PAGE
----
Purple Teams should not be needed in companies where the Red Team / Blue Team relationship is healthy and working effectively since the primary objective of a Red Team is to develop methods to improve the Blue Team. For example, when a group that is unfamiliar with offensive strategies seeks to understand how attackers think. That might be an incident response team, a detection team, a programming team, or anything else. It may be called a Purple Team activity if the good people are attempting to learn from white hat hackers.

Purple Teams exist to ensure and maximize the Red and Blue teams' efficacy. They combine the Blue Team's defensive strategies and controls with the Red Team's threats and weaknesses into a unified narrative that maximizes both. Purple teaming is a security approach in which red and blue teams work closely together to maximize cyber capabilities by exchanging information and providing frequent feedback.

Purple teaming may help security teams improve vulnerability detection, threat hunting, and network monitoring by realistically reproducing typical attack scenarios and promoting the innovation of novel techniques to prevent and discover new types of threats.

Specific organizations use purple teaming as a one-time targeted engagement with well-defined security goals, deadlines, and main deliverables and a disciplined approach for analyzing lessons learned throughout an operation. It's challenging to set up an efficient security monitoring function since it entails recognizing offensive and defensive vulnerabilities and setting out future training and technological requirements.

A purple team is a makeshift group tasked with supervising and improving the red and blue team exercise. It is generally made up of the company's security analysts or senior security personnel. Purple Team Exercises bring together the Red and Blue teams for a pre-planned activity that includes testing and remediation all in one place, similar to a coached scrimmage.

Purple Team Exercises usually contain more than simply the first possible route to breaching your defenses. Similar to Tabletop Exercises, the Red Team will simulate multiple Tactics, Techniques, and Procedures (TTPs) throughout the engagement, launching an attack and waiting for the Blue Team to indicate detection and response to that specific style of attack, identifying any weaknesses or gaps in detection and response, and immediately supporting remediation of the issue. As a result, you leave with a clearer understanding of what needs to be handled, as well as the knowledge that dials are being changed.

If the red and blue teams do well, the purple team may become outdated. It can be more of a concept than a function, with the red section being tasked with testing and targeting specific areas of the blue team's defense and detection abilities.

Purple Team – Goals and Responsibilities

  • The Purple team works with the red and blue teams, analyzing their interactions and suggesting any necessary adjustments to the current exercise or documenting them for future reference.

  • The Purple team gets to see the whole picture and embracing the mindsets and responsibilities of both teams. For example, a purple team member will work with the blue team to examine how events are detected. The team member will then join the red team to discuss how the blue team's detection abilities may be exploited.

  • The Purple team analyzes the results and overseeing the implementation of relevant remedial actions, such as addressing vulnerabilities and giving staff awareness training

Purple Team – Advantages

  • Purple team exercises integrate defense and offense, helping businesses to improve security monitoring tasks more quickly and for less money.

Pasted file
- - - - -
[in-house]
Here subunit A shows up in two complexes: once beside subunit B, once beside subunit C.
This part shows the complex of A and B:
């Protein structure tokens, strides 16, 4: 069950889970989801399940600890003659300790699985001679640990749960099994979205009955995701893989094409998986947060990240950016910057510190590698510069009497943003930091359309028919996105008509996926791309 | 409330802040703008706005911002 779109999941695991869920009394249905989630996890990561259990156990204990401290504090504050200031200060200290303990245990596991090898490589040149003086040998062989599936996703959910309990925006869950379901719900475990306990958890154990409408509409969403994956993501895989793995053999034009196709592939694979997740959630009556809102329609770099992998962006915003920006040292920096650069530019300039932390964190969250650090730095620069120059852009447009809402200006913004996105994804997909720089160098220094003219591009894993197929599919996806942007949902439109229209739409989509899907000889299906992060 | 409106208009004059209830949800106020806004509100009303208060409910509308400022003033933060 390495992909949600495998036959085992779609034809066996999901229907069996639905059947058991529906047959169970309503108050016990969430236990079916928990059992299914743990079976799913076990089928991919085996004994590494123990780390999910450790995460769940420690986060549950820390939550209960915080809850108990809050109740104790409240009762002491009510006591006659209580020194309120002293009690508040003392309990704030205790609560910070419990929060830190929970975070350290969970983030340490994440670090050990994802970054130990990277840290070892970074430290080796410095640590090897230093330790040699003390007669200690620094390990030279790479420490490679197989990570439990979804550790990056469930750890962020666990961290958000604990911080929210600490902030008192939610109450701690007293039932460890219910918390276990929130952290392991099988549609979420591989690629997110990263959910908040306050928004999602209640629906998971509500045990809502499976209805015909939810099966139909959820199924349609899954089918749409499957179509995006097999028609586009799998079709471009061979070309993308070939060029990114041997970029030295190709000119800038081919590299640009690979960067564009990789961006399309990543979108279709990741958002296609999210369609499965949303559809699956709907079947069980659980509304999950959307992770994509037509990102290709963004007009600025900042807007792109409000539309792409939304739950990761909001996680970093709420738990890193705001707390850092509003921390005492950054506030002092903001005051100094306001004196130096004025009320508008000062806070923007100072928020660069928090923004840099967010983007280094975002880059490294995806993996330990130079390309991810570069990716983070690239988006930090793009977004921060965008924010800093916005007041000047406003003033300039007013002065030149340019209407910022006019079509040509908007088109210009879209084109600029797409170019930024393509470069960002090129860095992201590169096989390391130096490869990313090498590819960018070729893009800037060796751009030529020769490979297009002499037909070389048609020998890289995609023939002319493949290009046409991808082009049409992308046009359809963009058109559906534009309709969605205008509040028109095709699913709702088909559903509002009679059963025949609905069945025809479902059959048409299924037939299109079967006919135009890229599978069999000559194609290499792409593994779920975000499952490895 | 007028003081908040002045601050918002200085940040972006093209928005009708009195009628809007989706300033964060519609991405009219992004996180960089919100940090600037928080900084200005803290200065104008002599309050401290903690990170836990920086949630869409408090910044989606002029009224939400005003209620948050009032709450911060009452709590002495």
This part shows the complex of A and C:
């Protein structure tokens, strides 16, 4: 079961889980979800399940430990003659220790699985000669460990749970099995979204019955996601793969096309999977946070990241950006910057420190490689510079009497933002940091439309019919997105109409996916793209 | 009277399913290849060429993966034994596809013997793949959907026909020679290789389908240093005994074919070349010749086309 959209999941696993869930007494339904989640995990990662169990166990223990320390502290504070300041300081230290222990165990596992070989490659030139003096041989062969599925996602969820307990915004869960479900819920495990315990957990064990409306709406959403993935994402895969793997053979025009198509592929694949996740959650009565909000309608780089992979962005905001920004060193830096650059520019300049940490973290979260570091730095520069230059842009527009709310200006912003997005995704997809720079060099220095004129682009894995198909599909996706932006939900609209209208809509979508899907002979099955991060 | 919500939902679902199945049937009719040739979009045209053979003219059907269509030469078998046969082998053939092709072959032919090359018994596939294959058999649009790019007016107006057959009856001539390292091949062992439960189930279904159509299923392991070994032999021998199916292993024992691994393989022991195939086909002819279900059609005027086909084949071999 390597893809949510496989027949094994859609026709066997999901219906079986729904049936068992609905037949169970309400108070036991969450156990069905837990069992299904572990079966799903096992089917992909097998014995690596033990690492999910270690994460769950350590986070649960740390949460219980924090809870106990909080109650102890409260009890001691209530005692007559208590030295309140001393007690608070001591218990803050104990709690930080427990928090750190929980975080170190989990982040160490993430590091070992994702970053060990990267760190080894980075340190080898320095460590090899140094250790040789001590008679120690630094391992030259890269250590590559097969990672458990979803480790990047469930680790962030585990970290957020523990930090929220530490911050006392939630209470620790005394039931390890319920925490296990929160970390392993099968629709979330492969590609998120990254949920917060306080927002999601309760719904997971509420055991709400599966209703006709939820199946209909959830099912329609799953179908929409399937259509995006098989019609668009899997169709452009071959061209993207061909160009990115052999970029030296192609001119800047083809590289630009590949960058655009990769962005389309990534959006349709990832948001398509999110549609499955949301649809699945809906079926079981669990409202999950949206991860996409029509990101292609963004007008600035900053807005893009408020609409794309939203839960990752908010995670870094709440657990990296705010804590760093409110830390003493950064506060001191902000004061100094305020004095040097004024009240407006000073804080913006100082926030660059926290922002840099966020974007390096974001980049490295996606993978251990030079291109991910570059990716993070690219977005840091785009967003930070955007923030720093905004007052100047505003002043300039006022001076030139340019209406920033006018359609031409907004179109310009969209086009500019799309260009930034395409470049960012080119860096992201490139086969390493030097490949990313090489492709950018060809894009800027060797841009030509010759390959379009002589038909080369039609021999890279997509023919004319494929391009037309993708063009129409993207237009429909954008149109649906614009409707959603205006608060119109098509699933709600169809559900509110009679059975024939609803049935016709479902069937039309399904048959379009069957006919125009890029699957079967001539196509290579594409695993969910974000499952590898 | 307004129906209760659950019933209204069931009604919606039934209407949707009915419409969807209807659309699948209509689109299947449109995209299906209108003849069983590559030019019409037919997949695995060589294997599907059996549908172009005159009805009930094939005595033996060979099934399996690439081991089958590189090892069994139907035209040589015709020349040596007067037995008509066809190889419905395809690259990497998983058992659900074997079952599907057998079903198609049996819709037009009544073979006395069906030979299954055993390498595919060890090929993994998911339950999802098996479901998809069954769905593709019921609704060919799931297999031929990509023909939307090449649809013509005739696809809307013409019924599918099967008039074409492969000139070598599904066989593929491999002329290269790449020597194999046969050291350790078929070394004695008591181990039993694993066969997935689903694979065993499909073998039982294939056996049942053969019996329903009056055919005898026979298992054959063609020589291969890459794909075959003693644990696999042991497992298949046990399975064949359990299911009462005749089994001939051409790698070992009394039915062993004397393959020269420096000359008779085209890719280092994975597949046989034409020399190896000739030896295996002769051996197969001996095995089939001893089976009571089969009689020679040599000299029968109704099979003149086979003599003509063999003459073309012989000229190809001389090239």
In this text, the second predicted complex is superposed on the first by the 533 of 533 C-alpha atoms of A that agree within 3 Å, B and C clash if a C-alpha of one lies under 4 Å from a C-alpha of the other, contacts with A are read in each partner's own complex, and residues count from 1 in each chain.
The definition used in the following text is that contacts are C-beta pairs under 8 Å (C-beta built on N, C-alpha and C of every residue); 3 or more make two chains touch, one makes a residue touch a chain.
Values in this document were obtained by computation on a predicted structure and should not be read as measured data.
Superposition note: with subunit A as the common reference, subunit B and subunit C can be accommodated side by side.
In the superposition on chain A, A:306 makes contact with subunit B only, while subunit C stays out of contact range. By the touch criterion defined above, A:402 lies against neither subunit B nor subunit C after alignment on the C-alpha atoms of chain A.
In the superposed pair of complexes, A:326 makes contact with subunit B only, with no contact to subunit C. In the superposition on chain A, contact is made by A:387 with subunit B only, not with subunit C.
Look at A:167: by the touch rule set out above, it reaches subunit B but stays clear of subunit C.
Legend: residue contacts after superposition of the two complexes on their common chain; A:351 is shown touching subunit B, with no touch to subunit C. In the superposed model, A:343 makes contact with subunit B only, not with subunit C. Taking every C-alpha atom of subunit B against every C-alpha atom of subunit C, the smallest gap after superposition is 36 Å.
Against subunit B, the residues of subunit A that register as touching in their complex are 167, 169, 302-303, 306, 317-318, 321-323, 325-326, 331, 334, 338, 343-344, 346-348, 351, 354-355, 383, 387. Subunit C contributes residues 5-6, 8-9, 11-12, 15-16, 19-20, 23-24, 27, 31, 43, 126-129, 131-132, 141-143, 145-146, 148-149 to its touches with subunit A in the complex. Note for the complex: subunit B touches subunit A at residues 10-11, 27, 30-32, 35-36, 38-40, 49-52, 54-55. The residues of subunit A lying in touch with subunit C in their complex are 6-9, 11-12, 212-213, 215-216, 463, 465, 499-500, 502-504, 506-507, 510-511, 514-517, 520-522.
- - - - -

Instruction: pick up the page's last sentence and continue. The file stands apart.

• Streamline the procedure to improve security. Purple teaming may also be thought of as a conceptual framework that covers a whole security organization. This can assist in building a collaborative culture that promotes ongoing cyber security development.

  • Obtain important details. Purple teaming alerts your internal security team to security flaws.

Green Team

The Green team's role is to provide policies and guidelines for the Yellow team to follow, as well as to enable communication between the Blue and Yellow teams. The goal is to improve cybersecurity and code quality and third-party audit libraries, and open-source dependencies and develop detection, incident response, and data forensics defense capabilities.

The Green Team's goal is to eliminate as many of the Red Team's vulnerabilities and misconfigurations as possible and to do it as quickly as possible throughout the whole business. So they're pondering where organizational mistakes are being produced, and they're going straight to the source to try to modify behavior.

Members of the software team who contact the Blue Team regularly make up the Green Team (Yellow Team). The ultimate objective is to use code-based and design-based defenses to increase detection, incident response, and data forensics capabilities.

White Team

The White Team assists in establishing the engagement's rules of engagement, metrics for evaluating results, and processes for providing operational security. The White Team is usually in charge of extracting lessons learned, conducting the post-engagement evaluation, and disseminating the results.

The White Team is in charge of officiating a fight between a Red Team of fictitious attackers and a Blue Team of real-life defenders of their company's computer systems. The White Team serves as a judge in an exercise, enforcing the exercise's rules, observing the exercise, scoring teams, resolving any problems that may arise, handling all requests for information or questions, and ensuring that the competition runs smoothly and does not interfere with the defender's mission.

The White Team assists in establishing the engagement's rules of engagement, metrics for evaluating results, and processes for providing operational security. The White Team is usually in charge of extracting lessons learned, conducting the post-engagement evaluation, and disseminating the results.